Another dimension of the matter is political and code. I defined the US Uranium Bomb in the existing atomic bomb slot. I left the 393rd Bomb Squadron in its slot (merely attaching planes to it in detachments 1 and 2 - resizing it to 12 planes - and assigning it the B-29B Superfort UB). This results in the peculiar situation that the main "squadron" has only 2 planes at full strength, but its detachments are both larger - at 4 and 6 respectively. The detachments get bombs defined in the additional air devices range - and with no special relationship to code. The UB production rate of 1 is identical to the stock atom bomb. IF stock bombs work - THEN the 393rd BS will work as defined by the manual - and ALSO you will get political penalties for their use. But use of Implosion bombs - or Japanese Uranium bombs - will NOT have any political effects. This is in part so we can test the existing code system - to see how often games have a situation as reported - no atom bomb actually worked? We might move the US uranium bomb somewhere else if it doesn't work at all. But with the US implosion bomb there is a hedge - we have another device that may work - sort of as IRL - more than one technology on the table.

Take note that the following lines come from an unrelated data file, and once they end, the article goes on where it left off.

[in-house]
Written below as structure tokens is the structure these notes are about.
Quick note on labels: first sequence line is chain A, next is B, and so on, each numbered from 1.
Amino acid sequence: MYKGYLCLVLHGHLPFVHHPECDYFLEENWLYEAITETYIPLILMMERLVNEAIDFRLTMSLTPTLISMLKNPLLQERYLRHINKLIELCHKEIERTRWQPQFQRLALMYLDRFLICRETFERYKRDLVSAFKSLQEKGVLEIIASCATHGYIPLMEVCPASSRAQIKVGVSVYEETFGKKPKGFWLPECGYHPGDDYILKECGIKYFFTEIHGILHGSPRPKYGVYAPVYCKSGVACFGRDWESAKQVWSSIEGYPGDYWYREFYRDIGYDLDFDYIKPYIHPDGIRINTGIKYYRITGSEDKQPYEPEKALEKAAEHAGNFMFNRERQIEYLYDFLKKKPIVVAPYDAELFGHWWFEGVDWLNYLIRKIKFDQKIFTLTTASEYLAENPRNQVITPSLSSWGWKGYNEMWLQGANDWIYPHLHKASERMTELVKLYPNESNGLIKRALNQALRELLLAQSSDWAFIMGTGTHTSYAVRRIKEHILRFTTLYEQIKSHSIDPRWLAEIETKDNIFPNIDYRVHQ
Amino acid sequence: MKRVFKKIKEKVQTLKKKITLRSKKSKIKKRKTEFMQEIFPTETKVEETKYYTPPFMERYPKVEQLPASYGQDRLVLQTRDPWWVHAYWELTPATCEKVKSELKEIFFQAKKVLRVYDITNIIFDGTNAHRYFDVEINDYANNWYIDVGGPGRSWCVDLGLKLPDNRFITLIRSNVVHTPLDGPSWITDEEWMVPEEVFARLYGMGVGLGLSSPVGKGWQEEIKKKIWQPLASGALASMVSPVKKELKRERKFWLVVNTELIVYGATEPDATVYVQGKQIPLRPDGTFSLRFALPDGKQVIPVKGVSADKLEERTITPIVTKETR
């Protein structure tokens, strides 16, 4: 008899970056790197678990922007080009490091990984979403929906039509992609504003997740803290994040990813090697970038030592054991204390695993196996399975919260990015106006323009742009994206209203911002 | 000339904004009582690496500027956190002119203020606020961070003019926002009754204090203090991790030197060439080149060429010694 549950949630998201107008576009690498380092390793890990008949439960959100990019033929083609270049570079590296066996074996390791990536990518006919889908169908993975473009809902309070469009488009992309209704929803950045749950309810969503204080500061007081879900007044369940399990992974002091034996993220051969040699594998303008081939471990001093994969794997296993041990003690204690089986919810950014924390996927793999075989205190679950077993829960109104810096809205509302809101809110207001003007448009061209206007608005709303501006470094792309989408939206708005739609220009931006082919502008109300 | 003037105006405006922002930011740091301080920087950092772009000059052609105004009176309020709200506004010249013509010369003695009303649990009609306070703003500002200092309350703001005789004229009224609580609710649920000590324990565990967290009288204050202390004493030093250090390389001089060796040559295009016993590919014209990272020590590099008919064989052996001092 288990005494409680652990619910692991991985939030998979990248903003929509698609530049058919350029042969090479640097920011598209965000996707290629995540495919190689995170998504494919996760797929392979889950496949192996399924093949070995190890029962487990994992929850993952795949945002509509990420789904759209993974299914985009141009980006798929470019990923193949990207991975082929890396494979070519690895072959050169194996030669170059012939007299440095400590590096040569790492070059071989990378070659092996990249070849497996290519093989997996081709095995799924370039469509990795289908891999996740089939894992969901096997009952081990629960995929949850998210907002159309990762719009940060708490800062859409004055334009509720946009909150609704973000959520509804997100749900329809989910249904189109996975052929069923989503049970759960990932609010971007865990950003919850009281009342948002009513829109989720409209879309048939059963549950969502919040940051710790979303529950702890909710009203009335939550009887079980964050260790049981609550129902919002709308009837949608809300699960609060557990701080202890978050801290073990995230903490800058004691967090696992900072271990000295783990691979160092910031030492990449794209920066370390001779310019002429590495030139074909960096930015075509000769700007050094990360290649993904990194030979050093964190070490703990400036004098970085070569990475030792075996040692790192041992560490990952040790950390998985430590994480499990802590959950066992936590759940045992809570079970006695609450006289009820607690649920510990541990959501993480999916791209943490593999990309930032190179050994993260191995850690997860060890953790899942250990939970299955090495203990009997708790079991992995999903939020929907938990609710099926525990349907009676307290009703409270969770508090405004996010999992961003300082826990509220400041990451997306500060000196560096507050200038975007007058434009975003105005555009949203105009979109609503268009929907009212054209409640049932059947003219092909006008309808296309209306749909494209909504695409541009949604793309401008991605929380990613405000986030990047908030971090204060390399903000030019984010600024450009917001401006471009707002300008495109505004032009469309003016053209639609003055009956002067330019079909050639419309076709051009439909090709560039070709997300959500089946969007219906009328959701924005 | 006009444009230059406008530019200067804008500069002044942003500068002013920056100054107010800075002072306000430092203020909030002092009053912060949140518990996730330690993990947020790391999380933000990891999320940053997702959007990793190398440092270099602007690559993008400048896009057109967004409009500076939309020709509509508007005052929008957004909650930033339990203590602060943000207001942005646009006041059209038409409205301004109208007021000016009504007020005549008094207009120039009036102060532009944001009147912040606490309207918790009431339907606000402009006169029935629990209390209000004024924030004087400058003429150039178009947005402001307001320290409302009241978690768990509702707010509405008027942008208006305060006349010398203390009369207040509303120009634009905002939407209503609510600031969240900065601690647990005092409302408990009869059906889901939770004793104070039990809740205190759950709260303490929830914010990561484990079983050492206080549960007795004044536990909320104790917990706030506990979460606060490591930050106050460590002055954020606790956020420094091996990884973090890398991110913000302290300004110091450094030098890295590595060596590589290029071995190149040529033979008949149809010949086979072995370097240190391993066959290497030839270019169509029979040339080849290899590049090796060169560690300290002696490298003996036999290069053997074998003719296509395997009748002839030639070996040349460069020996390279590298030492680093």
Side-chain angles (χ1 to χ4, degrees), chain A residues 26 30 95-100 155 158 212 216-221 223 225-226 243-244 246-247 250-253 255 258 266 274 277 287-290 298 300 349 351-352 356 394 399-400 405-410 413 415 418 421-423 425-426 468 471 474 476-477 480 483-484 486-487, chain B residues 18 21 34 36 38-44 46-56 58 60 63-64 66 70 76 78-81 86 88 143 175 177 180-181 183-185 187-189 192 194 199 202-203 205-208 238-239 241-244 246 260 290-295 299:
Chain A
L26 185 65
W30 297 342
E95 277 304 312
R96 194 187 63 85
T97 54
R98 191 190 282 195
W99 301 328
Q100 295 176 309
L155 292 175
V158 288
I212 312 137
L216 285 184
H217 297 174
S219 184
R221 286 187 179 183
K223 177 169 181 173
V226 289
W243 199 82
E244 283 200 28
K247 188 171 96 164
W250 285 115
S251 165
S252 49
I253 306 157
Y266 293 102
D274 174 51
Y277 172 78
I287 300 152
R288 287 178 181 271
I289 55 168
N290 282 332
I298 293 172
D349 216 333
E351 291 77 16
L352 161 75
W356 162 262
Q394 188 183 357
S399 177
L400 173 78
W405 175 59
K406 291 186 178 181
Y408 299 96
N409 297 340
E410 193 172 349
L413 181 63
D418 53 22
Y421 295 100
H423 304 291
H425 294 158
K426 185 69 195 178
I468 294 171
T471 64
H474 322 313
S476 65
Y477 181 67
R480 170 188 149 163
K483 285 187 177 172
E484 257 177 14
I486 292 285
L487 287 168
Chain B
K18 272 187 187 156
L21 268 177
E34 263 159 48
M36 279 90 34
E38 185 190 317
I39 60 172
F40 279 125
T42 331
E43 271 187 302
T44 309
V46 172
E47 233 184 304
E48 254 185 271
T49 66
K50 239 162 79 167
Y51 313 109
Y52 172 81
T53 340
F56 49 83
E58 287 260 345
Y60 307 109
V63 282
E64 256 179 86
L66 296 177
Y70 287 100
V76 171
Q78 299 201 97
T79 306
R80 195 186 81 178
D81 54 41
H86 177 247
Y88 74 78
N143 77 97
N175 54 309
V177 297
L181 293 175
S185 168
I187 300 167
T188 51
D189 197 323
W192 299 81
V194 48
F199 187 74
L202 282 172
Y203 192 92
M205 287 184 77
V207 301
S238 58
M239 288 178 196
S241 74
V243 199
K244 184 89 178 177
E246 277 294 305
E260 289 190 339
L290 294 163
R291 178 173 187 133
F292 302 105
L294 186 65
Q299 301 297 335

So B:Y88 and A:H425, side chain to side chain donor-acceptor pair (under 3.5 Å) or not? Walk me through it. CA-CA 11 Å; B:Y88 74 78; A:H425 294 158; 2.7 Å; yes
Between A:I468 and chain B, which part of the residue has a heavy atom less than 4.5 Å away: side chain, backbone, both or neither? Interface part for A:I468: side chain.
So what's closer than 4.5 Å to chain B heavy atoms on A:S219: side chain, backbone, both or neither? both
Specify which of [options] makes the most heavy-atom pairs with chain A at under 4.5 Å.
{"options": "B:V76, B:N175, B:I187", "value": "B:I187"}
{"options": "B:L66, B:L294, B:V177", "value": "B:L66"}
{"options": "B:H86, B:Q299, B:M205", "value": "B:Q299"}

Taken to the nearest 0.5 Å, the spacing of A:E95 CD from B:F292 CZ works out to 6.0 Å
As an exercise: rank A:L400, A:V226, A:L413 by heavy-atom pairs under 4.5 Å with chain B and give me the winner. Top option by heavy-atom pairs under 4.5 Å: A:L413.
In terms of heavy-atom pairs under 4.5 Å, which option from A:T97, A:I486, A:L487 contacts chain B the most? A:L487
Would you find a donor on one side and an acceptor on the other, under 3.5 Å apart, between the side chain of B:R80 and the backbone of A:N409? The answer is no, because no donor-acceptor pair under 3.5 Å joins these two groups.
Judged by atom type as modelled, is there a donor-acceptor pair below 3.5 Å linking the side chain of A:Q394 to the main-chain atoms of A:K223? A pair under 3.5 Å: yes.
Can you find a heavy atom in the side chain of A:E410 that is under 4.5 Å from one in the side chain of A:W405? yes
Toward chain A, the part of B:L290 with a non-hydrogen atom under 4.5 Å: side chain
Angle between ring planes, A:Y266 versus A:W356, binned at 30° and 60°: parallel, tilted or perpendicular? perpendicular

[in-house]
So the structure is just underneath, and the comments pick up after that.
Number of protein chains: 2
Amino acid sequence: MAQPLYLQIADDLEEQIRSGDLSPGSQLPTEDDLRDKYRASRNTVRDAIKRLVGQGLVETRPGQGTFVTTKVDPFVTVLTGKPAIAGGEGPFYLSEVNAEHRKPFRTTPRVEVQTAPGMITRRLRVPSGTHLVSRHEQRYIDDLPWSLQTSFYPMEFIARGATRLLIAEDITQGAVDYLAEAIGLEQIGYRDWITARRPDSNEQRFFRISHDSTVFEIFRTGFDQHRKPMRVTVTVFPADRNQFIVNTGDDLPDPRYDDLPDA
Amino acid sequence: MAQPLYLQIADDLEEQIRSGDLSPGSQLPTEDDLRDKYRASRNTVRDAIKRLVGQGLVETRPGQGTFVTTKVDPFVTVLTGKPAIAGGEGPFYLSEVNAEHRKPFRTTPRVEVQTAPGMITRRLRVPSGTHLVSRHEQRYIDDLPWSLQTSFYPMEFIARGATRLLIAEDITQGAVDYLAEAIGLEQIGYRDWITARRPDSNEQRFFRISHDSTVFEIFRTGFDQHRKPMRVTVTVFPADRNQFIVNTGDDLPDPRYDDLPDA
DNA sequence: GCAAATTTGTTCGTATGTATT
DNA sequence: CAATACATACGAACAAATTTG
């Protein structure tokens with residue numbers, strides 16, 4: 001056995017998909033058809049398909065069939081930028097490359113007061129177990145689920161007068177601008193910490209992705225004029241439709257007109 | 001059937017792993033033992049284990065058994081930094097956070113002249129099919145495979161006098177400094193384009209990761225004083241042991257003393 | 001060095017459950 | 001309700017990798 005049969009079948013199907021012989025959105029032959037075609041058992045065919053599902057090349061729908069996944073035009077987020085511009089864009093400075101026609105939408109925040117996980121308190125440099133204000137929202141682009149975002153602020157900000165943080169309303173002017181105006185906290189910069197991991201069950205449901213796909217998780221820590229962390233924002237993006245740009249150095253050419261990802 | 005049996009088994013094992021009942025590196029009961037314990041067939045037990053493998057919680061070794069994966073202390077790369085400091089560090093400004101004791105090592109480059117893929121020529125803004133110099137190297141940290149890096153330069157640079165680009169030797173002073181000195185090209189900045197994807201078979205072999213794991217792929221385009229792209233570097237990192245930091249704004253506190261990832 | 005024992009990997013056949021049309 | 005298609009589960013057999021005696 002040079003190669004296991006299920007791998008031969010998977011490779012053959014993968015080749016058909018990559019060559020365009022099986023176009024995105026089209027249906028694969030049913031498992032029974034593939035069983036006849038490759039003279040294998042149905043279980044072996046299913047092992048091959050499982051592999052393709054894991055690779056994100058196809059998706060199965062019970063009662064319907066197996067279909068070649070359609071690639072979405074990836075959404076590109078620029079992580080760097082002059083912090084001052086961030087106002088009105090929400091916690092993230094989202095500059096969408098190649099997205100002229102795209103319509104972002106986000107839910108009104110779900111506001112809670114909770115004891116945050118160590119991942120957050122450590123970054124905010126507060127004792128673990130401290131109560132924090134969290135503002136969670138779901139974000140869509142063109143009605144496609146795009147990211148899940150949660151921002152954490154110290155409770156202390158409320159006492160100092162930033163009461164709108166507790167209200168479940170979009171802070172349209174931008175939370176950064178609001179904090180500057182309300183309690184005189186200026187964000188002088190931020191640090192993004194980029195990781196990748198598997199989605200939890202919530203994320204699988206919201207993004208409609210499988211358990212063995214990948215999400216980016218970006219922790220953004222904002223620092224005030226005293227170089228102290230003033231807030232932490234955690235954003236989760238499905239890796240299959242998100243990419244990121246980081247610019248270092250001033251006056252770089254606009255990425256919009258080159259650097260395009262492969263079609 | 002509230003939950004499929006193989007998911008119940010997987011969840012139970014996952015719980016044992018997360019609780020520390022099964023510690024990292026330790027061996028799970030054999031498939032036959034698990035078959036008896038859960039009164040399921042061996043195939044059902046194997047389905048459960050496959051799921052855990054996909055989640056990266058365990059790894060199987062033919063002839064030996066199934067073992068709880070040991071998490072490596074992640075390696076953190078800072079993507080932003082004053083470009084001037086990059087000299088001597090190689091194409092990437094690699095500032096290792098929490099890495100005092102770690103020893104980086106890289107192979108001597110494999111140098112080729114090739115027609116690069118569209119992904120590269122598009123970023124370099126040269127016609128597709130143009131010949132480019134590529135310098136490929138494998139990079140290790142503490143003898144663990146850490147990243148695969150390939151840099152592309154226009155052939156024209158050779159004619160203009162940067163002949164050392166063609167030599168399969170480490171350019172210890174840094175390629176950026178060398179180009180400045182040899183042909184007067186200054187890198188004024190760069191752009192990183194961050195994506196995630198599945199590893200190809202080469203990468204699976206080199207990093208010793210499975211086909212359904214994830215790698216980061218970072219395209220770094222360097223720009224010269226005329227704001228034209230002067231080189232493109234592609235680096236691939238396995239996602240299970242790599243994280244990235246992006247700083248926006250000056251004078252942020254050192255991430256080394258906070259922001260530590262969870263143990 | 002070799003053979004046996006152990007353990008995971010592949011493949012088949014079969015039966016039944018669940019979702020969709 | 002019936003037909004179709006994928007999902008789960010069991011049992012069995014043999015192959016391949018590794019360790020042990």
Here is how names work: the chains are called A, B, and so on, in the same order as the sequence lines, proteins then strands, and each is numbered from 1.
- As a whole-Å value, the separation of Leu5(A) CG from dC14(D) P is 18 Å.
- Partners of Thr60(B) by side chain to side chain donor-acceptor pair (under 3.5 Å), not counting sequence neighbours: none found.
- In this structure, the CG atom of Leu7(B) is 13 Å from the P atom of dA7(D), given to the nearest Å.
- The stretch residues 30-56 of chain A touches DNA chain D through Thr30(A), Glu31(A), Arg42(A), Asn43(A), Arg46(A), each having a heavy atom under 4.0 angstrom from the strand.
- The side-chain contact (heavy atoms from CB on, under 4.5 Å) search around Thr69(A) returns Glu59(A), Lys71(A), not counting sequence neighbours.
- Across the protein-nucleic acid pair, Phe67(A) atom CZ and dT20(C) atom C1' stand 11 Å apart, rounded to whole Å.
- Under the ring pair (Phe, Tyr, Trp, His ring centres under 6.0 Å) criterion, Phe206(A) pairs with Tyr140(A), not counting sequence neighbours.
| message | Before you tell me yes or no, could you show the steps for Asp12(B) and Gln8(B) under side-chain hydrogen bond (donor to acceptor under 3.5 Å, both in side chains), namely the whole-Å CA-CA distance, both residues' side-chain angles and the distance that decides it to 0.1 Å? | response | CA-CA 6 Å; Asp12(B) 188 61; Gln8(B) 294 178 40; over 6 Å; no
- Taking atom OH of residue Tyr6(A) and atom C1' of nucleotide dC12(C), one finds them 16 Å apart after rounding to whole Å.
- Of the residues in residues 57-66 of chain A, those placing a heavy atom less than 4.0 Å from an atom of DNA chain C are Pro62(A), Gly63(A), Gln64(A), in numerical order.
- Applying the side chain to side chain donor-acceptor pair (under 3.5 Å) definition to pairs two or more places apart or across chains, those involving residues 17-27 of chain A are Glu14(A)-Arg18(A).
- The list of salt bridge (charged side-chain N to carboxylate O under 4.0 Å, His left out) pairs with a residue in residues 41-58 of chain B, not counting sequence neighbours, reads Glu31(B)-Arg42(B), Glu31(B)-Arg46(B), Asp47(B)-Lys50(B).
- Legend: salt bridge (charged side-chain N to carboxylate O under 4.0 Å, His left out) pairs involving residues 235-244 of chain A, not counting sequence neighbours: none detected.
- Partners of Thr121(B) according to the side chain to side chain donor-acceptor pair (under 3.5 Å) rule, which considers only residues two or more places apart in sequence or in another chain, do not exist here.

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RE: RHS Design Theory: Atomic bombs and bombers - 6/2/2012 12:06:41 AM   
BigDuke66


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Sounds good but regarding the Japanese A-bomb I wonder how realistic that is even if the war would go into 1946.

I recommend to ask michealm about details of how the code for the A-bombs work, maybe with luck it's only a matter of setting the right values instead of fixing(redoing) the code itself.

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RE: RHS Design Theory: Atomic bombs and bombers - 6/2/2012 12:07:51 AM   
el cid again